Sunday, October 17, 2010

Reminder to self: Don't read the Daily Mail

It's the sort of thing you'd have thought would be obvious. If you don't want to annoy yourself don't read the Daily Mail. After all that's what the Mail does, not just to people like me who are diametrically opposed to everything it stands for, it's written to annoy the people who agree with it as well.

The typical Mail reader would feel short changed if they finished the paper with a benign feeling of love and goodwill towards their fellow citizens. They buy it to help feed the bitter seeds xenophobia and bile that lie deep within them. It's deliberately written to get readers in the mood to re-enact Kristallnacht by the time they're through.

It's no surprise therefore that top of the website at the moment is a piece praising a German leader for attacking immigrants. As Labour's Bob Piper pointed out on twitter "Merkel says multiculturalism has failed in Germany. Surely she knows the last time they tried monoculturalism it was hardly a major success."

I should have known better than to flick through a copy earlier, but if there's a paper there in front of me I'll read it. The thing that most impressed me was the piece by Peter Hitchens which is possibly one of the most exciting things I've read for years.

The title, and I assure you this is true and not a parody, was "Is university really such a good thing? I spent three years learning to be a Trot."

Read that again, "Is university really such a good thing? I spent three years learning to be a Trot." Beautiful isn't it? As a piece of writing it would be hard to more succinctly summarise the absolutely bizarre brand of misanthropy and paranoia that is the Mail.

He goes on to denounce "creepy sex education", "parasites" (students to you and me), he announces that "college is a corrupting, demoralising experience" where they teach "anti-Christian, anti-Western, anti-traditional material" and that you can be summarily condemned for "thought crimes" like "homophobia". Oh the woe that is the modern world.

I was particularly interested in the Hitchens thesis that the Iraq War was caused by the modern university. It's undeniable that those who made the case for war had all *been* to university, but then again they were almost all married men, but that wouldn't fit with his view that there is also a "war on the married family" from the same people.

Talking of students, this wasn't in today's paper but I notice here we have the perfect picture combo of a super-model, Cambridge university, the scruffiest student in the world and Trotskyism. However, the caption says it's a punk trying to get an autograph when they are clearly a Socialist Worker seller getting someone to sign a petition... but let's move on.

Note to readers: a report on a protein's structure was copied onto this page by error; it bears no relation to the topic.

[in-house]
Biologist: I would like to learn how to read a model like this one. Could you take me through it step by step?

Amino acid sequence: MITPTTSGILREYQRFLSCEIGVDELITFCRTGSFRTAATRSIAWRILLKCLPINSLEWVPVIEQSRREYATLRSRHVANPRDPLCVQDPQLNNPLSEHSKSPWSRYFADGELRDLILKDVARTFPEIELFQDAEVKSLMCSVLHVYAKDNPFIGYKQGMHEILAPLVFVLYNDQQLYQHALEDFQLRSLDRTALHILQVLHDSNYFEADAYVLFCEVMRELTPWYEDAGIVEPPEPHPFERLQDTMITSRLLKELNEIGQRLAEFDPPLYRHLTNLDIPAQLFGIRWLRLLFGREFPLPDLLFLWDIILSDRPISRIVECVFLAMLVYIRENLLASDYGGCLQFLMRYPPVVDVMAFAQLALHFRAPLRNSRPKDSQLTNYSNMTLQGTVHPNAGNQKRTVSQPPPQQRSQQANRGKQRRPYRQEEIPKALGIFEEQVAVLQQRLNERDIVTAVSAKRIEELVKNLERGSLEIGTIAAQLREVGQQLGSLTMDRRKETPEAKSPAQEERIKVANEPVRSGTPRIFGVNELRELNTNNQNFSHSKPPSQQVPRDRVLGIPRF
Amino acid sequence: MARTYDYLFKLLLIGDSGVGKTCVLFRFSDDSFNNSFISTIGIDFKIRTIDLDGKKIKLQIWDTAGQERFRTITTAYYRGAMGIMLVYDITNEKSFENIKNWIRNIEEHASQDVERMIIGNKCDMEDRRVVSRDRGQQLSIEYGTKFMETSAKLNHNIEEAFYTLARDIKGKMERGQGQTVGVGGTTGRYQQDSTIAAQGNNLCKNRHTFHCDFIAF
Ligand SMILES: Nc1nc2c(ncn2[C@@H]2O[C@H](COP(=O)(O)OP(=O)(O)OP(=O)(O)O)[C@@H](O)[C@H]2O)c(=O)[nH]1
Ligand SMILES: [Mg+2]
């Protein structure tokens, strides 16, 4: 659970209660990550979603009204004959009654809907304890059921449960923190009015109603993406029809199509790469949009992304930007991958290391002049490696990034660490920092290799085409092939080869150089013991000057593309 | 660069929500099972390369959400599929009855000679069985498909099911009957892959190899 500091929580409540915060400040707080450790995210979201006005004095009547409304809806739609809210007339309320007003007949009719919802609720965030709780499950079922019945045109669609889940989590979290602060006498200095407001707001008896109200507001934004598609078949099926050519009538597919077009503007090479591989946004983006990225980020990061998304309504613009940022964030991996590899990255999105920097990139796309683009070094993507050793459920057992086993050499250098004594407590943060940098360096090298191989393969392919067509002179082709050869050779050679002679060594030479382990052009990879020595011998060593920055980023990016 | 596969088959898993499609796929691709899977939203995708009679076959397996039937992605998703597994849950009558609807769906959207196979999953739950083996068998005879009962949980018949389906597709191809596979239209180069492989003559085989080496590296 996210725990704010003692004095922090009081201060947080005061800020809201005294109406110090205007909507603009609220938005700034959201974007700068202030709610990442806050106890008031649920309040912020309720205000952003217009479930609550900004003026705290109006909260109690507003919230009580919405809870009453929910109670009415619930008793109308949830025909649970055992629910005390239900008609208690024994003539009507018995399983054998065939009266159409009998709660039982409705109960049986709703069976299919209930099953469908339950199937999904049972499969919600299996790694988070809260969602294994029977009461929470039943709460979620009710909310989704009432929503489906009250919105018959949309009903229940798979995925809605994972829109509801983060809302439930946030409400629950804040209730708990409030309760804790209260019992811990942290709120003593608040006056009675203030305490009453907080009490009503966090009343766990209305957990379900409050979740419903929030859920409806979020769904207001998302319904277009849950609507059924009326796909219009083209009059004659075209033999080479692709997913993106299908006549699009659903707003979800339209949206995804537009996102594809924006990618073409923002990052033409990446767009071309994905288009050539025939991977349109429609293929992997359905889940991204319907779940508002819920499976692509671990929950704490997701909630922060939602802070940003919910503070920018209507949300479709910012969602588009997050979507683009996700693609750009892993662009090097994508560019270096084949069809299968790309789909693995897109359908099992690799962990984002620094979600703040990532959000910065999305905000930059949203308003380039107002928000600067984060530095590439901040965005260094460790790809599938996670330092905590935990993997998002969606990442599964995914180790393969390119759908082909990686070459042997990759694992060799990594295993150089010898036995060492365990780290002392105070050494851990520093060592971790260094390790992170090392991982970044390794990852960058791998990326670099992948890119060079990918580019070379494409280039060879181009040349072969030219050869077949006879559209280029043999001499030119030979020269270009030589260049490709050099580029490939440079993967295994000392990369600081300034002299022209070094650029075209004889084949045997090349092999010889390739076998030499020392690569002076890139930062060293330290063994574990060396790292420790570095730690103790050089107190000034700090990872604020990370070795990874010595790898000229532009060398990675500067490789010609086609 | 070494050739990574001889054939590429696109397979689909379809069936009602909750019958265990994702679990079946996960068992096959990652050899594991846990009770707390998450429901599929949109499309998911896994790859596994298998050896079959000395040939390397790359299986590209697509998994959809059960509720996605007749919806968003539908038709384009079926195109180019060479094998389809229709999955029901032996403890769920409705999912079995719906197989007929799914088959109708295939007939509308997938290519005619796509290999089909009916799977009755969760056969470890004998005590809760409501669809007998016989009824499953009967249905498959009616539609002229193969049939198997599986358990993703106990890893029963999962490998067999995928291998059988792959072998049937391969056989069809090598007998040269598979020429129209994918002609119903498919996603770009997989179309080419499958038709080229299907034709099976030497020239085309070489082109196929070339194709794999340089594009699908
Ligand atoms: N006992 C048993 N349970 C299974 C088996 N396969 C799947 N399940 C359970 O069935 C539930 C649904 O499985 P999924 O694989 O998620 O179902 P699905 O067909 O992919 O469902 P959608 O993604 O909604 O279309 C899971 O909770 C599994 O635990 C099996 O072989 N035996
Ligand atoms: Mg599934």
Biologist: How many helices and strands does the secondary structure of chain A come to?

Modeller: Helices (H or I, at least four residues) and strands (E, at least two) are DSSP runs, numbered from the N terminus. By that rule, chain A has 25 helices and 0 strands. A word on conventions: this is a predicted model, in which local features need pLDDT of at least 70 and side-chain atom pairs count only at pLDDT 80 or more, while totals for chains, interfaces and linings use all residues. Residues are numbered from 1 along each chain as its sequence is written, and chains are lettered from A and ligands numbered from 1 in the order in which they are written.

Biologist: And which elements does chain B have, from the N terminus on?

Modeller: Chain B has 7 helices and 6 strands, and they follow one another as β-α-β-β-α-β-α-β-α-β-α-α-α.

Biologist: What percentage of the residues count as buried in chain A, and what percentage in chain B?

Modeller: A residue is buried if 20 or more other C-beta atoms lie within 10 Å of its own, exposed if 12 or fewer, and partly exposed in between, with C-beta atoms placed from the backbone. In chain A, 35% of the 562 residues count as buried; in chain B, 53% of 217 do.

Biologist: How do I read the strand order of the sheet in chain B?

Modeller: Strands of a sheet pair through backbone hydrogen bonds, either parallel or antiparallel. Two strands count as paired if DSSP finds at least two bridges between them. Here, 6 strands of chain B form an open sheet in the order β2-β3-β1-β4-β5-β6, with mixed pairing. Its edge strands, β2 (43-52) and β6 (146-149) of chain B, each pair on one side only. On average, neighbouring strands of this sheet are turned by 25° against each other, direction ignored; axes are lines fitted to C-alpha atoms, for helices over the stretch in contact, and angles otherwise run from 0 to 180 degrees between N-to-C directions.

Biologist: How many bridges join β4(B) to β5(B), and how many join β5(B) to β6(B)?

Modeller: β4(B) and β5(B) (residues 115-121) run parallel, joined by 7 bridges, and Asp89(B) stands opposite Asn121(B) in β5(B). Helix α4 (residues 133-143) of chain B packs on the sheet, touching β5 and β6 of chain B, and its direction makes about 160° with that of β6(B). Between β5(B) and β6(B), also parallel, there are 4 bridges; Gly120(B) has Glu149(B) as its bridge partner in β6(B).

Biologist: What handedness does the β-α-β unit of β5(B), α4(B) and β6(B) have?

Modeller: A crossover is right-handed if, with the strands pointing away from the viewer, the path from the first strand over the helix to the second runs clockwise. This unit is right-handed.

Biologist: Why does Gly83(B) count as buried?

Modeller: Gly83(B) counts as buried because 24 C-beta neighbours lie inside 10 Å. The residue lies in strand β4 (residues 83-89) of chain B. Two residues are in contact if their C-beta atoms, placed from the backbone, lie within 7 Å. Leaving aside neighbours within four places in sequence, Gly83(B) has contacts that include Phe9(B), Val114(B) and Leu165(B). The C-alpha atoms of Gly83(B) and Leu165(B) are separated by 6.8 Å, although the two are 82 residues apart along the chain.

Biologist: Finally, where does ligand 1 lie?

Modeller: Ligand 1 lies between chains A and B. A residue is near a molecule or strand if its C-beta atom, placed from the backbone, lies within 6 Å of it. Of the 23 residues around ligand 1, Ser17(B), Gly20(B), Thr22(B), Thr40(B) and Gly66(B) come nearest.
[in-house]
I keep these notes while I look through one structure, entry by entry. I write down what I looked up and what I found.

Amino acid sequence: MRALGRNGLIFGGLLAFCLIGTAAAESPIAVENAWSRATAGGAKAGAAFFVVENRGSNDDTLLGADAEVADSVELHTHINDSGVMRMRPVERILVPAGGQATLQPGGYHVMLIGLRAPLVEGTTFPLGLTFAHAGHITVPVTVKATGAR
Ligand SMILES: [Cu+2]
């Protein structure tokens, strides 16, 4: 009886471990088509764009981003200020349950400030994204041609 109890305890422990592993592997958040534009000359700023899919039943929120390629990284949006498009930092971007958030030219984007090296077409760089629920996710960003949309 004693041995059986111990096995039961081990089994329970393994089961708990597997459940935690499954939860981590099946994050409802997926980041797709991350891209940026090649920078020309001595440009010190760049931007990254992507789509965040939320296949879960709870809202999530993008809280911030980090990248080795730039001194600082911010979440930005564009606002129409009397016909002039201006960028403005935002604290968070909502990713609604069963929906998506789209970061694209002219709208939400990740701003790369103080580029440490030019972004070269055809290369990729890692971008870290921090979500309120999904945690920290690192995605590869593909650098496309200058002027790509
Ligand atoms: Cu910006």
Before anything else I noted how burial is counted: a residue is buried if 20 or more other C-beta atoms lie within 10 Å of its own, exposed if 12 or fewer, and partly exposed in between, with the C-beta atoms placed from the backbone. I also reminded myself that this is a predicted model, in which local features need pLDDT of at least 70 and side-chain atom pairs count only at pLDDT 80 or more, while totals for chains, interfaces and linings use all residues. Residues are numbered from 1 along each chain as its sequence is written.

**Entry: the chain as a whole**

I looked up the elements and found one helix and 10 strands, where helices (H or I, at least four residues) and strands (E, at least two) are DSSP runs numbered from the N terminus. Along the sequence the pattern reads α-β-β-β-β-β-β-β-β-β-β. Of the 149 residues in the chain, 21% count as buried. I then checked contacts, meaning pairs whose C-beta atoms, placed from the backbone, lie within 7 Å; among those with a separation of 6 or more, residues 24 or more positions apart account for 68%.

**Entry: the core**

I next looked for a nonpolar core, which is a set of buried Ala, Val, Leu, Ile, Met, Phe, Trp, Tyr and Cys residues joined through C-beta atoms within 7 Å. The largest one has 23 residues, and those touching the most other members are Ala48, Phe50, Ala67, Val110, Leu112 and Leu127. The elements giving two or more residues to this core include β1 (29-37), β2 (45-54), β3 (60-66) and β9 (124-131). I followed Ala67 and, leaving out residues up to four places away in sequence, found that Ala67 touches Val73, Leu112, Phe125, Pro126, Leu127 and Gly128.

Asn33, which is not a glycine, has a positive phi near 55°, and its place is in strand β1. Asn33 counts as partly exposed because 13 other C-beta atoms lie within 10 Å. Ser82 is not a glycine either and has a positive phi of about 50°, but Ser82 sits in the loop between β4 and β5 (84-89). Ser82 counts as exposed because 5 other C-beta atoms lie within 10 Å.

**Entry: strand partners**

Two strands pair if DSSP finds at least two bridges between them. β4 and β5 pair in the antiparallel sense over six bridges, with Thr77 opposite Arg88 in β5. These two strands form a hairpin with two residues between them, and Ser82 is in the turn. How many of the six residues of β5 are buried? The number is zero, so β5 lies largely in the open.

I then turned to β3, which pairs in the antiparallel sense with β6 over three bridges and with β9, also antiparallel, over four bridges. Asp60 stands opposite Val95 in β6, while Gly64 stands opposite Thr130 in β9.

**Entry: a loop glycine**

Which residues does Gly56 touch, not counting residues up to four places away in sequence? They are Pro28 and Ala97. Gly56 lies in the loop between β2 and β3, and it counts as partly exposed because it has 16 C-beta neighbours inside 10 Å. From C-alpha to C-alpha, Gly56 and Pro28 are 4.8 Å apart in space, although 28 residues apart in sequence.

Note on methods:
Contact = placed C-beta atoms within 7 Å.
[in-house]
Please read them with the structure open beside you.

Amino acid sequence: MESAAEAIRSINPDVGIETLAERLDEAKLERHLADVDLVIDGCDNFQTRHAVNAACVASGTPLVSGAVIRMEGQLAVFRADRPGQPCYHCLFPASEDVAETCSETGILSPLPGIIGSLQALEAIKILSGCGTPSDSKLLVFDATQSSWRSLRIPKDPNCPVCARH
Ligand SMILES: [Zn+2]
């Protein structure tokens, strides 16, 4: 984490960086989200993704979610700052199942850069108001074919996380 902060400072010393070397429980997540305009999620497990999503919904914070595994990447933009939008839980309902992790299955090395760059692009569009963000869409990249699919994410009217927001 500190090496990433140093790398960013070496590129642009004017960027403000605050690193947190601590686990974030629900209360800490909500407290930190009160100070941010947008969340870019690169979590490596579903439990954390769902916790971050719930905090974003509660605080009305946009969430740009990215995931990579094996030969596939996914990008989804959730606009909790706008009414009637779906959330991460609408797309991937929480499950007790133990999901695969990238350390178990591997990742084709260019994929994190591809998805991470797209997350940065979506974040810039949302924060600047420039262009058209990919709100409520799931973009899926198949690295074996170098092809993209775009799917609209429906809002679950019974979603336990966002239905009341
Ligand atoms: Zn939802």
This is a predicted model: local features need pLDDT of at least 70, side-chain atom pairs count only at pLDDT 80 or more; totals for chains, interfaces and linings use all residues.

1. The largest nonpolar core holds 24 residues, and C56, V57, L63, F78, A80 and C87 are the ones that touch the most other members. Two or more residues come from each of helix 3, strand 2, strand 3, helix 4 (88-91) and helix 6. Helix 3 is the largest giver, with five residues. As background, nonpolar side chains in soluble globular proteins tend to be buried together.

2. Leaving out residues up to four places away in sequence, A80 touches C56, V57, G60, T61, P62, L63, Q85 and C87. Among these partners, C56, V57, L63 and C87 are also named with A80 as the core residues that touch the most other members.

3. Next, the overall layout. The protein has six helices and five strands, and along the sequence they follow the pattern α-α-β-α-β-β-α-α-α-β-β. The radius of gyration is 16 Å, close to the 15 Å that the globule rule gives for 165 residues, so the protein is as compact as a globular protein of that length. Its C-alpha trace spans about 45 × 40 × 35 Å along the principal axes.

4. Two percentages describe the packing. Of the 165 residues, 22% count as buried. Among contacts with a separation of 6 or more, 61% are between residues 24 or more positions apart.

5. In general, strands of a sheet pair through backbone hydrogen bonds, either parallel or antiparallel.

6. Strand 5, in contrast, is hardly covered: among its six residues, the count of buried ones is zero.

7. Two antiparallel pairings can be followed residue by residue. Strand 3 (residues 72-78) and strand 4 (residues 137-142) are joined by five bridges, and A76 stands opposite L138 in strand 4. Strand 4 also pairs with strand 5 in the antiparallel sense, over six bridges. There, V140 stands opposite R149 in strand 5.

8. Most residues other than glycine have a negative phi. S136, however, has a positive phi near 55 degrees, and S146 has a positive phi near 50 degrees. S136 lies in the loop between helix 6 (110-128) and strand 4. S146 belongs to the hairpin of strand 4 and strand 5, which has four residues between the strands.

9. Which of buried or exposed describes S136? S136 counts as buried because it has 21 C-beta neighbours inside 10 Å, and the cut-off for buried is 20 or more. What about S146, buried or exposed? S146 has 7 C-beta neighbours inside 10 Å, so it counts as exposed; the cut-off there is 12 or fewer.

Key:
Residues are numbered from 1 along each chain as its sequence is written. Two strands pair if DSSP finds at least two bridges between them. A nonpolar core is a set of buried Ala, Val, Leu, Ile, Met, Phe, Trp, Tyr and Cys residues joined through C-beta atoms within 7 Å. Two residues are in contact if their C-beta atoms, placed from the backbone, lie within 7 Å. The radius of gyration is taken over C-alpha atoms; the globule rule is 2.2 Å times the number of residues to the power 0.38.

When the Mail is not spitting chips about people learning things or not being married they're gossiping about Labour politicians.

I discovered that Ed Balls plays football (pictured). I found out that Ed Miliband once shared a house with Yvette Cooper, and, stop me if you think this is far too informative, that brother David used to go out with Ruth Kelly... double shudder.

It's like they're as compulsive-obsessive about politics as I am but they're from an alternative evil universe. For instance, they're quite excited by the news that fascist Brigitte Bardot is thinking about running for French President. I can see why they like this; it combines animal rights, sexy pictures, homophobia and racism.

They do have the good-grace to describe her as 'controversial', although I suspect they might mean that as good thing. Personally I think close friendships with far-right politicians and having a string of convictions for race hatred goes beyond 'controversial' .

Anyway, my statement of the bleeding obvious of the day is that we shouldn't read the Mail, it's designed to make you angry. It's like being shocked when reading a Melanie Philips article that she turns out to be ideologically putrid or Julie Burchill and discovering she's fundamentally puerile. Just don't do it because you know what's coming next, and it ain't pretty.


Cathryn said...

I find this very useful, and much nicer.


My mother is a white, rotund lady built in the late 1930s. She seemed like everyone elses mother to me until she and my father started taking the Daily Mail at which point she became a tad nazi - it's a wrinklies thing I feel.